2012 Elections: News, Analysis, Videos, and Breaking on the Presidential Election, Local Elections, and More

2012 Elections: News, Analysis, Videos, and Breaking on the Presidential Election, Local Elections, and More

Complete coverage of the 2012 election

Connie Mack Beat Bill Nelson in Debate: NBC 6 Viewers

Viewers pick Mack over Nelson in NBC 6's Senate debate survey

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    NEWSLETTERS

    Democratic Senator Bill Nelson and Republican challenger Congressman Connie Mack went after each other hard in their only debate Wednesday night. They disagreed on health care reform, government spending, immigration reform and more. (Published Wednesday, Oct 17, 2012)

    Democratic Senator Bill Nelson and Republican challenger Congressman Connie Mack went head-to-head Wednesday night in their only debate before the Nov. 6 election, and NBC 6 viewers say Mack was the winner in our debate survey.

    In response to the question "Who do you think won the Senate debate?" Mack garnered 61.22 percent of the vote compared to 33.97 percent for Nelson. Another 4.81 percent said neither won.

    The debate, held at Nova Southeastern University in Davie, was heavy on talking points and personal smears. Mack attacked Nelson on his voting record, saying that the Democrat has stood with President Barack Obama 98 percent of the time instead of standing with the people of the Sunshine State.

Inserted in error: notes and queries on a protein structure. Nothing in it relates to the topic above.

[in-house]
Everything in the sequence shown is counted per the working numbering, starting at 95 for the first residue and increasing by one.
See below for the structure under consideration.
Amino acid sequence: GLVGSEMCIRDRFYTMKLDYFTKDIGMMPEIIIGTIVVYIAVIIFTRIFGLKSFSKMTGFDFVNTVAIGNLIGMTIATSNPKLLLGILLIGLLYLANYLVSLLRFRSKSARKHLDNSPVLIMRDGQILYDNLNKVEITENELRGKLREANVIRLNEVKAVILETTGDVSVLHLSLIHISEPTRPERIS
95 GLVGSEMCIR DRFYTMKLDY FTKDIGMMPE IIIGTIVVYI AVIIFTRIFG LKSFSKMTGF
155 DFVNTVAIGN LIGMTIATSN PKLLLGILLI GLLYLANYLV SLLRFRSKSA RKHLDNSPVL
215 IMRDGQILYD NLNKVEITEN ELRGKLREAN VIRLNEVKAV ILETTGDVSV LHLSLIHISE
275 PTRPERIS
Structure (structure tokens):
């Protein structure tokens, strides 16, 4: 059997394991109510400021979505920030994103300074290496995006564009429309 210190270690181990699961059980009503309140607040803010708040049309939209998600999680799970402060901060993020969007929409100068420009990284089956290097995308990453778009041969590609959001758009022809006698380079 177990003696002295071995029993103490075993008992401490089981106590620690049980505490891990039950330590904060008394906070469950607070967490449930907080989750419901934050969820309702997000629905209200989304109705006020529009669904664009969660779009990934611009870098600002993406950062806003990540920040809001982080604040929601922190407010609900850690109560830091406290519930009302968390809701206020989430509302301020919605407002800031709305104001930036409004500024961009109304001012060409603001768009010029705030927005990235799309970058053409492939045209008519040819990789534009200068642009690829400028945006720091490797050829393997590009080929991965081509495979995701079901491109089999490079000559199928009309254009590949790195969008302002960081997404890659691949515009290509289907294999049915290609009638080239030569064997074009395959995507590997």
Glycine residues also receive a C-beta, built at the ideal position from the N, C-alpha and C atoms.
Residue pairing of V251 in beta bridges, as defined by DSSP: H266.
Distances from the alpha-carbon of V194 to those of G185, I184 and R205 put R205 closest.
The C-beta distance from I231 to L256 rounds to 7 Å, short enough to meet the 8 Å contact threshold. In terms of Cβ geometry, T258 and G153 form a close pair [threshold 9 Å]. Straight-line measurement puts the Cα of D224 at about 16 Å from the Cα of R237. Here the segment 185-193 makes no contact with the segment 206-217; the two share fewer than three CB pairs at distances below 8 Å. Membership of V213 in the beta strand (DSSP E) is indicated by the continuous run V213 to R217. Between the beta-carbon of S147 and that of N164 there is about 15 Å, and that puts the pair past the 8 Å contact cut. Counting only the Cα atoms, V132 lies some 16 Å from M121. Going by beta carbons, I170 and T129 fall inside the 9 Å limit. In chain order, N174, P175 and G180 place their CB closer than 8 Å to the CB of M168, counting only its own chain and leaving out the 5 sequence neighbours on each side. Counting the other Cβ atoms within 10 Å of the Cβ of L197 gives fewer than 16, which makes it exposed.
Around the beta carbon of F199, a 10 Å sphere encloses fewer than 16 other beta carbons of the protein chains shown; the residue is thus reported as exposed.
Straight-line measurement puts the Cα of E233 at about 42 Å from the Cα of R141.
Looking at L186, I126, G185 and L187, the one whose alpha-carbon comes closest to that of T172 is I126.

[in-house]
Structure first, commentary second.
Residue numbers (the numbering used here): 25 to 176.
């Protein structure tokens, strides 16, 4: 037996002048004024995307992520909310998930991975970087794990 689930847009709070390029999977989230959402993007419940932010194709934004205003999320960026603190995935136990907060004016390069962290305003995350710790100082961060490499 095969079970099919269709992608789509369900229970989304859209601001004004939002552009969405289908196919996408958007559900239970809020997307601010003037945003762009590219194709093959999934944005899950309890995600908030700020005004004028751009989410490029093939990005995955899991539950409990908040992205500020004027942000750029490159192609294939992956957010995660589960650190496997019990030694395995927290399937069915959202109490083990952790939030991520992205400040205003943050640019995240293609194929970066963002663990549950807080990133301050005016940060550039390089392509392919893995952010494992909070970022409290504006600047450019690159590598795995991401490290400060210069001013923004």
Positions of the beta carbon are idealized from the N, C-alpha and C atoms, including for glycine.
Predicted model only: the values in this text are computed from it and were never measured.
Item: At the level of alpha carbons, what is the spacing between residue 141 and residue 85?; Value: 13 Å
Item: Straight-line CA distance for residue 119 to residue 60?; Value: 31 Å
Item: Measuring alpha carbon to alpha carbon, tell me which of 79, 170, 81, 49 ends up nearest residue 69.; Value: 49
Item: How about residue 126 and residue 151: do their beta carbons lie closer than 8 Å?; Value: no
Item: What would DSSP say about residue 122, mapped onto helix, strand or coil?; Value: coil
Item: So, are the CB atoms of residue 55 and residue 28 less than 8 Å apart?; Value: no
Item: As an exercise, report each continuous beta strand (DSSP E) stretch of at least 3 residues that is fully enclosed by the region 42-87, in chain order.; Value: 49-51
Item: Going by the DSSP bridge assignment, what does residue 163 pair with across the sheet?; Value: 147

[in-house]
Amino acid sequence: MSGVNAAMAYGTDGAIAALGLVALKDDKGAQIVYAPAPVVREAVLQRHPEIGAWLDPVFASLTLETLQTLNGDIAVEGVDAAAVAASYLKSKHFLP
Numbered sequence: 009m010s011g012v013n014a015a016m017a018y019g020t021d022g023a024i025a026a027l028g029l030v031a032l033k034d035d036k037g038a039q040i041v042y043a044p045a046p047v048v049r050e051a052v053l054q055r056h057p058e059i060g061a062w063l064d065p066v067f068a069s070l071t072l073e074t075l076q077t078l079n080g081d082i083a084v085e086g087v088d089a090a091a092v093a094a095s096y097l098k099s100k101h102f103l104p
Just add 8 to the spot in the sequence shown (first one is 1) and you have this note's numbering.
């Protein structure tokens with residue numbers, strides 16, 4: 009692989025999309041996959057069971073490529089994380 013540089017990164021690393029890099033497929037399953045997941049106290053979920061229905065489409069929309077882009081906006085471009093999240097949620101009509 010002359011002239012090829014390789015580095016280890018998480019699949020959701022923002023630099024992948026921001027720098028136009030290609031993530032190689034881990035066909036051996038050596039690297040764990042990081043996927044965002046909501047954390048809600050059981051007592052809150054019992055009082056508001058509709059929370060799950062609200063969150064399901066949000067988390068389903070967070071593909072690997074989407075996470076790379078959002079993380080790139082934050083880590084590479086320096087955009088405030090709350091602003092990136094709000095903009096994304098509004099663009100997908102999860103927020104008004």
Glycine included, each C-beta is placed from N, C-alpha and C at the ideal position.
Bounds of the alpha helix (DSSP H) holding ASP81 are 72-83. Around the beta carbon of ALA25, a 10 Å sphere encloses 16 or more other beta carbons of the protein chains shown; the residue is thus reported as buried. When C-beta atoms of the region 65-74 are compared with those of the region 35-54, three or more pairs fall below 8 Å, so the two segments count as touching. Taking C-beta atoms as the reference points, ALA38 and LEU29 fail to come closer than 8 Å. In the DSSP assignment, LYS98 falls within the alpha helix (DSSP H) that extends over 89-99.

For his part, Nelson accused Mack of having one of the worst attendance records in Congress, saying he has missed 178 votes this year.

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    Commenters on NBC 6's Facebook page echoed Mack's criticism of Nelson.

    "Bill Nelson the ultimate Washington insider and one of Obama's biggest lapdogs," Lawrence W Brady II wrote.

    Nelson supporters were equally critical of Mack.

    "Congressman Mack, tows the Republican Party line. and will not support the Dream Act, Who's he Pandering to?" Alan Kachin wrote.

    The debate came as hundreds of thousands of people have already cast their votes with absentee ballots.

    The race could have implications on the balance of power in the Senate. Republicans need to gain four seats to have a majority. Outside groups supporting both sides have spent millions of dollars trying to influence the Florida race.